Two entrepreneurs from Siberia have found that the demand for goods made in Russia is increasing interest in their storage system.
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Two young entrepreneurs from the Siberian city of Omsk (1,400 miles from Moscow) are attempting to mount a challenge to IBM and Intel with a new computer server that is more energy-efficient than the models currently available in the global marketplace. In addition to the product’s technical benefits, some local buyers like the fact that the storage system is Russian-made.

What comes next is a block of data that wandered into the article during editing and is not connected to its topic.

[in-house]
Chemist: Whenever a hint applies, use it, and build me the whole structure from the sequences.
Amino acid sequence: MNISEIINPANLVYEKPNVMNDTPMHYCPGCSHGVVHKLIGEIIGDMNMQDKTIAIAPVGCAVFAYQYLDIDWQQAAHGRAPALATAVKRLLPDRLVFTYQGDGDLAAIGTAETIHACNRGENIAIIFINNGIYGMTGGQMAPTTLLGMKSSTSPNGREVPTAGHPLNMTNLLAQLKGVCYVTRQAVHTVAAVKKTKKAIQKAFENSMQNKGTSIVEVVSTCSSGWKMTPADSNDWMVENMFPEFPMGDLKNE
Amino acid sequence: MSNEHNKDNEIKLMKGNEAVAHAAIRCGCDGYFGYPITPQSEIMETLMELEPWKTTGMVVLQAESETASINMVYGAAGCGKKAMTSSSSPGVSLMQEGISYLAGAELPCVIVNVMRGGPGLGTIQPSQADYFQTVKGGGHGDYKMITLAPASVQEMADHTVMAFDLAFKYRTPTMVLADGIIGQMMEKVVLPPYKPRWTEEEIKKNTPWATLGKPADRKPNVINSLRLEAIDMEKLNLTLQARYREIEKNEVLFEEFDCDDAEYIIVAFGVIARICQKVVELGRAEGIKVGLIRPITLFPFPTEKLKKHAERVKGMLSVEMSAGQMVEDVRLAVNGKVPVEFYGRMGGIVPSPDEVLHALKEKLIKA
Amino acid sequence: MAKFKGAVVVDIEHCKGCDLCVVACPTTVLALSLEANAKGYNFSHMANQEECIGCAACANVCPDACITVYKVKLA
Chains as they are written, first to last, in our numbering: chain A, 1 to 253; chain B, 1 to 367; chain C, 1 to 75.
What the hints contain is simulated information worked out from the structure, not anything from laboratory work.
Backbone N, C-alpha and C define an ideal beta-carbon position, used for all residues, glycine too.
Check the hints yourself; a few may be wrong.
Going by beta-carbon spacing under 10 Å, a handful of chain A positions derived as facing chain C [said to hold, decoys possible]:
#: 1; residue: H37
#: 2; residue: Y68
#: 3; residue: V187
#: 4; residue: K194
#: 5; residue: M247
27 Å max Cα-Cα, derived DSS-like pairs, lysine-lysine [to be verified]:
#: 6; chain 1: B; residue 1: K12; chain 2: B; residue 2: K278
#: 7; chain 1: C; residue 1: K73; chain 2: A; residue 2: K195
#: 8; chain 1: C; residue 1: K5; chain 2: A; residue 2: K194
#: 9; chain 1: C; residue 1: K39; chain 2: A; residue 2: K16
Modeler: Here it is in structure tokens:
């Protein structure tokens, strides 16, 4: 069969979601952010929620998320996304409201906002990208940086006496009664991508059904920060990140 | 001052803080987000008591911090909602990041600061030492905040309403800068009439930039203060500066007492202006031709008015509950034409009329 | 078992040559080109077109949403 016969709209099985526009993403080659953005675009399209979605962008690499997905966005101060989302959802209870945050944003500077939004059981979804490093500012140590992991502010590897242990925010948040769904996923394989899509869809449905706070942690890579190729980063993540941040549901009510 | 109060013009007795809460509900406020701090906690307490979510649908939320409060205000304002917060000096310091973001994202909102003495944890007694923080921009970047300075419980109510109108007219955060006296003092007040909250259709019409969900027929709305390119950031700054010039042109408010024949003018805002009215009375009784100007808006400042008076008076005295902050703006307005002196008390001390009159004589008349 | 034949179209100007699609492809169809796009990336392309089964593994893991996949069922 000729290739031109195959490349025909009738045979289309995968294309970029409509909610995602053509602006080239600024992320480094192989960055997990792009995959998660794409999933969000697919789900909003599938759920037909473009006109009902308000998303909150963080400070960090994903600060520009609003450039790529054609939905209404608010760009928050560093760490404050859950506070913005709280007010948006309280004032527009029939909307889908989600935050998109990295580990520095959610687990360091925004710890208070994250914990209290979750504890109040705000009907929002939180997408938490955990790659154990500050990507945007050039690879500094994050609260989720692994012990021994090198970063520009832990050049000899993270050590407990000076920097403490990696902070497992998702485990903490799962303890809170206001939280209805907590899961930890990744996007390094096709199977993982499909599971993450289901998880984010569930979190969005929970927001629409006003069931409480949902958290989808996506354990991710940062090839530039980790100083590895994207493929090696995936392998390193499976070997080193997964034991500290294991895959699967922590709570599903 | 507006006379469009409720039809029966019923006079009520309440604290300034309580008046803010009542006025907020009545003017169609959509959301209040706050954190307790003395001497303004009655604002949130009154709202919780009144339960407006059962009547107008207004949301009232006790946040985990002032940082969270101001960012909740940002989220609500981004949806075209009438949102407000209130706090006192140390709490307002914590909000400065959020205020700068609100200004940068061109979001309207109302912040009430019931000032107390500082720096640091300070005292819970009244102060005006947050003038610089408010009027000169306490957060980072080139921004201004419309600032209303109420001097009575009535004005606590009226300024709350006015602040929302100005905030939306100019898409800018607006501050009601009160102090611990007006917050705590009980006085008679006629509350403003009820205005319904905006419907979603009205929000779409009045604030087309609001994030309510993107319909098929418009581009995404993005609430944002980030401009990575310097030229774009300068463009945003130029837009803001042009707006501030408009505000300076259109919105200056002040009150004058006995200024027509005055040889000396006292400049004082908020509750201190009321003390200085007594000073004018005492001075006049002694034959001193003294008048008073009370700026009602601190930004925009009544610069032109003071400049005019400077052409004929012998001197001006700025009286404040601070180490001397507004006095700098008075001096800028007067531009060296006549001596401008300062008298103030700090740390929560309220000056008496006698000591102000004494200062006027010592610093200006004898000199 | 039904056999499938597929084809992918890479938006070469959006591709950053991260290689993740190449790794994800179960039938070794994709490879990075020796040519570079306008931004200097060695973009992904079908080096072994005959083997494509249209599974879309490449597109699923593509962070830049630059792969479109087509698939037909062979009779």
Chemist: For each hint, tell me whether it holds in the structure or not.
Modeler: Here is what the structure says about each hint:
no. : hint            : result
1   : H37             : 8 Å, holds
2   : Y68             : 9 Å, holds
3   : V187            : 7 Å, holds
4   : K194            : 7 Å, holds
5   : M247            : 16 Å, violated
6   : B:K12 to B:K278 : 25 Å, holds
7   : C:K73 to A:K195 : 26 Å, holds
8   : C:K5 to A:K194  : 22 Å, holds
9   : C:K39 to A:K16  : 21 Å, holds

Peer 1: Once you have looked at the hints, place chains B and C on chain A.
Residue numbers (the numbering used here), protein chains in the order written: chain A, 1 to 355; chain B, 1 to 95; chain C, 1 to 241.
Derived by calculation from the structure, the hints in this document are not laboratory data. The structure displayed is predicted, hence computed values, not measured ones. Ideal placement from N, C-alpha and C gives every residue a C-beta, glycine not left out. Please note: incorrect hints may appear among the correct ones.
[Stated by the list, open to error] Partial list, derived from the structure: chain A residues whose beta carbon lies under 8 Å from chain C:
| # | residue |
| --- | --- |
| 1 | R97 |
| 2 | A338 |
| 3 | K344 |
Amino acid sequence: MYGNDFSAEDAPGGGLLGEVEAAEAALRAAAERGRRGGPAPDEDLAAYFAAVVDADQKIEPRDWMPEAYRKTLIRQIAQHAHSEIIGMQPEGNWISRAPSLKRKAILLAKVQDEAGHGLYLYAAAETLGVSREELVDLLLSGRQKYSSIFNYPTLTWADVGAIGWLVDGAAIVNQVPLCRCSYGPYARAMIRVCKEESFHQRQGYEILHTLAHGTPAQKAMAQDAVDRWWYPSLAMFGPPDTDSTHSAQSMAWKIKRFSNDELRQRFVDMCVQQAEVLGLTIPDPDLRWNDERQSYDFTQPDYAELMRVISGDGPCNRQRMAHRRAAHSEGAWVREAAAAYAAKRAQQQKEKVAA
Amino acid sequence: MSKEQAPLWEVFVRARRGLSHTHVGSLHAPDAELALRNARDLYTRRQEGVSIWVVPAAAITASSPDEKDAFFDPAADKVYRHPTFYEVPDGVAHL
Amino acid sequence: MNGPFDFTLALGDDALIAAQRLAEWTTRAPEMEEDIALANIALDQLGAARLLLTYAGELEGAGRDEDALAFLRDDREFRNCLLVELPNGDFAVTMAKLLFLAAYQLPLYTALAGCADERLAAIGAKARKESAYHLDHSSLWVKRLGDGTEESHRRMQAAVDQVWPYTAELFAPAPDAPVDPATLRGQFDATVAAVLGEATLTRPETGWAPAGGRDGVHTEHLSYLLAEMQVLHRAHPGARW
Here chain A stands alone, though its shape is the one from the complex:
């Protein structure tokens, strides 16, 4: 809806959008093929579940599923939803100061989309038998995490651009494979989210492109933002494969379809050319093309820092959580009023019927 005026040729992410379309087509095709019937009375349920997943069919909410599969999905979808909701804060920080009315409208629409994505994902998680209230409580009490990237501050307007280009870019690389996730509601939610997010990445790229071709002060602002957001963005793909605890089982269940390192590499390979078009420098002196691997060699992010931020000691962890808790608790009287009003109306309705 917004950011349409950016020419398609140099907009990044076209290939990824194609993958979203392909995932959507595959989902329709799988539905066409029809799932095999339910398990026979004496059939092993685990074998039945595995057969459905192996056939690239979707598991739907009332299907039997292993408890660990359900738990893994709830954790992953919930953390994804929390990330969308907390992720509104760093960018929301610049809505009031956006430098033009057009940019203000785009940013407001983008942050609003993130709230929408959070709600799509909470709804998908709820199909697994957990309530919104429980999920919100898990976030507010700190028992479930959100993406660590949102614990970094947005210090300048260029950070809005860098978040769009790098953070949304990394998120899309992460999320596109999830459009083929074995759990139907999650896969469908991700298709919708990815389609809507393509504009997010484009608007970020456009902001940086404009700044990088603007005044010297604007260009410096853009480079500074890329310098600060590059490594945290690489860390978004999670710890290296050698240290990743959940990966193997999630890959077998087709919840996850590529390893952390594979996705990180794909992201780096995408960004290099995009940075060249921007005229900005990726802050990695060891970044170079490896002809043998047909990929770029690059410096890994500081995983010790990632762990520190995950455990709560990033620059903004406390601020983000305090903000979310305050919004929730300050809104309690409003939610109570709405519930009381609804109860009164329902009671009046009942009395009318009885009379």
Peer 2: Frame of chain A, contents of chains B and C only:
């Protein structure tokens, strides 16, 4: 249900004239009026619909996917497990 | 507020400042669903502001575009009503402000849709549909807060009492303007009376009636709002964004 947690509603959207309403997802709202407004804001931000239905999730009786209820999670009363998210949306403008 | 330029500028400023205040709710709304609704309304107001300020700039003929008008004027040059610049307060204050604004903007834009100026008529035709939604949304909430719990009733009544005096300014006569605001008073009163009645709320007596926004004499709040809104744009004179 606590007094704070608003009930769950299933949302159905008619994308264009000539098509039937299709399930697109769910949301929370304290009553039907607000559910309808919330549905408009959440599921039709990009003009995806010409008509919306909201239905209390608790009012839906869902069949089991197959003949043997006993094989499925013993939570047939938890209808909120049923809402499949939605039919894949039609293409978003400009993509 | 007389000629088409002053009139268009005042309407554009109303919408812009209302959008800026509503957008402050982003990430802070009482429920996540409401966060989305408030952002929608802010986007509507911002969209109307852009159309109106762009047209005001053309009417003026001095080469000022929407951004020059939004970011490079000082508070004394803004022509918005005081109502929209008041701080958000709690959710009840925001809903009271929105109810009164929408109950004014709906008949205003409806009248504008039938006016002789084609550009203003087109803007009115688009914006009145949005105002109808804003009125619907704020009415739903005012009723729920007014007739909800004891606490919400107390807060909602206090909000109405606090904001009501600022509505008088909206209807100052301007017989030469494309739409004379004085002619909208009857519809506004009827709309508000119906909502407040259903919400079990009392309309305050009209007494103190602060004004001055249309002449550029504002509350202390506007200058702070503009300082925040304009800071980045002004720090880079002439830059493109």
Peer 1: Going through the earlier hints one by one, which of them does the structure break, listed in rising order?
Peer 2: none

Maxim Koposov and Evgeny Teplyakov built their first server in 2010 out of scrap material. Based on the American Backblaze cloud storage system, it took the entrepreneurs three months to build. They sold the first model of their server, called BitBlaze, to an online video site in Omsk at the end of 2010.
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The server, which is equipped with an Intel processor, is cheaper than similar products. The price ranges from 189,000 rubles ($3,100) for the most basic model to 394,000 rubles ($6,500) for the most advanced. According to Koposov, the key benefit of the BitBlaze server is in its efficiency.
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Promobit was also able to agree to have its servers tested by Russia’s giant Internet firm Mail.Ru Group.